Towards predictable datacenter networks

Authors: 
Hitesh Ballani, Paolo Costa, Thomas Karagiannis and Ant Rowstron
Published: 
SIGCOMM
Year: 
2011

This paper looks at the issue of reducing variability in performance in data centre networks. Variable network performance can lead to unreliable application performance in networked applications – this can be a particular problem for cloud apps. Virtual networks are proposed as a solution to isolate the “tenant” performance from the physical network infrastructure. The system presented is known as Oktopus. The system provides a tradeoff between guarantees to tenants, costs to tenants and profits to providers by mapping a virtual network to the physical network.

In the introduction a useful study of the intra-cloud network bandwidth is done by looking at results from past studies (figure 1). Large differences (factor of five or more in some studies) are observed.

Tenant requests are abstracted to simply a number <N> of virtual machines (assumed standard in terms of CPU memory and storage) and a bandwidth B, making a virtual switch with a total bandwidth N B but with a limit on each VM of B. In this case the subscription request is <N,B>. This is known as a “Virtual cluster”.

Some networks are oversubscribed – in these cases a request is described as <N,B,S,O> where S is the size of groups in which the N machines are clustered (N/S groups) and O is an oversubscription factor. VMs in group are connected by a virtual group switch of capacity B and groups are interconnected by a link of capacity B'=SB/O. This is known as a “Virtual oversubscribed cluster”.

Other topologies could be offered – for example a clique (which would have high max bandwidth but limit provider flexibility).

The Oktopus system (named after Paul the psychic octopus – hence German spelling) implements these virtual abstractions. Requesting tenants can ask for a virtual cluster or a virtual oversubscribed cluster for connections. A management plance (logically centralised) performs admission control and maps requests to physical machines. A data plane uses rate-limiting at end-hosts to enforce bandwidth limits.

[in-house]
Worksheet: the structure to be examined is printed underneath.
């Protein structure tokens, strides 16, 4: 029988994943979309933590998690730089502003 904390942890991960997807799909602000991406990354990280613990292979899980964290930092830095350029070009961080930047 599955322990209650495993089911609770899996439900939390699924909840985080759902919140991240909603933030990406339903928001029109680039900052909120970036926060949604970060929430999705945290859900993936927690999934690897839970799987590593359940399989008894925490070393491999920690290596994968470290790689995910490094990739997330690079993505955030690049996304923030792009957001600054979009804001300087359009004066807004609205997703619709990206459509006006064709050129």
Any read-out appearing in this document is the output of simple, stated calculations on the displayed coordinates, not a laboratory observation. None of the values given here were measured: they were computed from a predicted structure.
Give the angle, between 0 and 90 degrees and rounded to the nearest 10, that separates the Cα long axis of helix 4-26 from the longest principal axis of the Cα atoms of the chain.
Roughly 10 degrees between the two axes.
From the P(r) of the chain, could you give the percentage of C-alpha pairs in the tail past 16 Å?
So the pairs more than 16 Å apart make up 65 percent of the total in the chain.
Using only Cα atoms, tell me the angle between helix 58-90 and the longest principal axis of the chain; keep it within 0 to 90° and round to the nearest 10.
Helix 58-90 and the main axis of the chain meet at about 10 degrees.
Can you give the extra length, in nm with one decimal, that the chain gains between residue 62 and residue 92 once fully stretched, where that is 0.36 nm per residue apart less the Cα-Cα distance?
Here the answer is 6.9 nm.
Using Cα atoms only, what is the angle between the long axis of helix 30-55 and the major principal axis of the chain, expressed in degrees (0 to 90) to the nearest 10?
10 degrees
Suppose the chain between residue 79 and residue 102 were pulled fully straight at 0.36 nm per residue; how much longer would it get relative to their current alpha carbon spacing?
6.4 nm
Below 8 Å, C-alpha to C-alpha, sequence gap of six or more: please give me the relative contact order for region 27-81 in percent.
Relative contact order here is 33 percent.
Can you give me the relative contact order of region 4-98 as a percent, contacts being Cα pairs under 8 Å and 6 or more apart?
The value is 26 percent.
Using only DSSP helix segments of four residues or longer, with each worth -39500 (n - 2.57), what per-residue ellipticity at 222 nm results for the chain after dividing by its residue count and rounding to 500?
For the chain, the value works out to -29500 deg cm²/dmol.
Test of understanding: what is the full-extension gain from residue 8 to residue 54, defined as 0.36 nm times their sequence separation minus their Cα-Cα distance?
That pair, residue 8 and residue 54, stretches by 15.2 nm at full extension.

The algorithm which maps requests onto physical networks focuses on tree-like physical topologies. Allocating virtual oversubscribed clusters is allocating virtual clusters of size <S,B> with links of size B' between them.

Tenants without virtual networks should be guaranteed a fair share of network bandwidth. Tenants on virtual networks are given high priority traffic with guaranteed but limited bandwidth. Other traffic gets fair share of residual bandwidth. Limiting the share of total bandwidth used by virtual networks guarantees a minimum QoS for non virtual network clients.

In non-tree networks then routing may be an issue. Load balancing is used to spread traffic across paths.

Evaluation is by simulation on a testbed consisting of 25 physical machines. A three-level tree topology is used and no path diversity. The simulation is of a datacentre with 16,000 physical machines and 4VMs each machine. The machines are arranges in 40 machines racks with a top of rack switch. These connect to aggregation switches which connect to a datacentre core switch.

The allocation algorithm for VMs is greedy (since the full problem is NP hard). If m out of N VMs are places on a single physical machine then N-m must be on other phyical machines and min((N-m),m)B bandwidth must be available. Assume K slots for VMs per machine. Each link capacity C. k_v is number of empty slots on v. R_l is residual bw for link l. The number of VMs for request for <N,B> that can be allocated on machine v with outbound link l is: M_v = { m in [0,min (k_v,N)] s.t. min(m,N-m)*B leq R_l}.

Simulations are run with tenant jobs modelled as independent tasks with flows between tasks on individual VMs of uniform length L. A simulated workflow makes some simple assumptions about length of task completion. The network is assumed to have more demand for bandwidth than it can handle. A baseline comparison is tenants asking only for <N> a number of machines which are greedily allocated as close as possible. This is extended as <N,B> and <N,B,S,O> to see the effects on completion times. Completion times are much reduced by placement using oversubscription policies as bandwidth is used more efficiently. In addition the efficiency would allow providers to operate clouds closer to 100% utilisation (Amazon apparently at 70 - 80%).

Show bibtex
Page generated 2014-01-07, by jemdoc.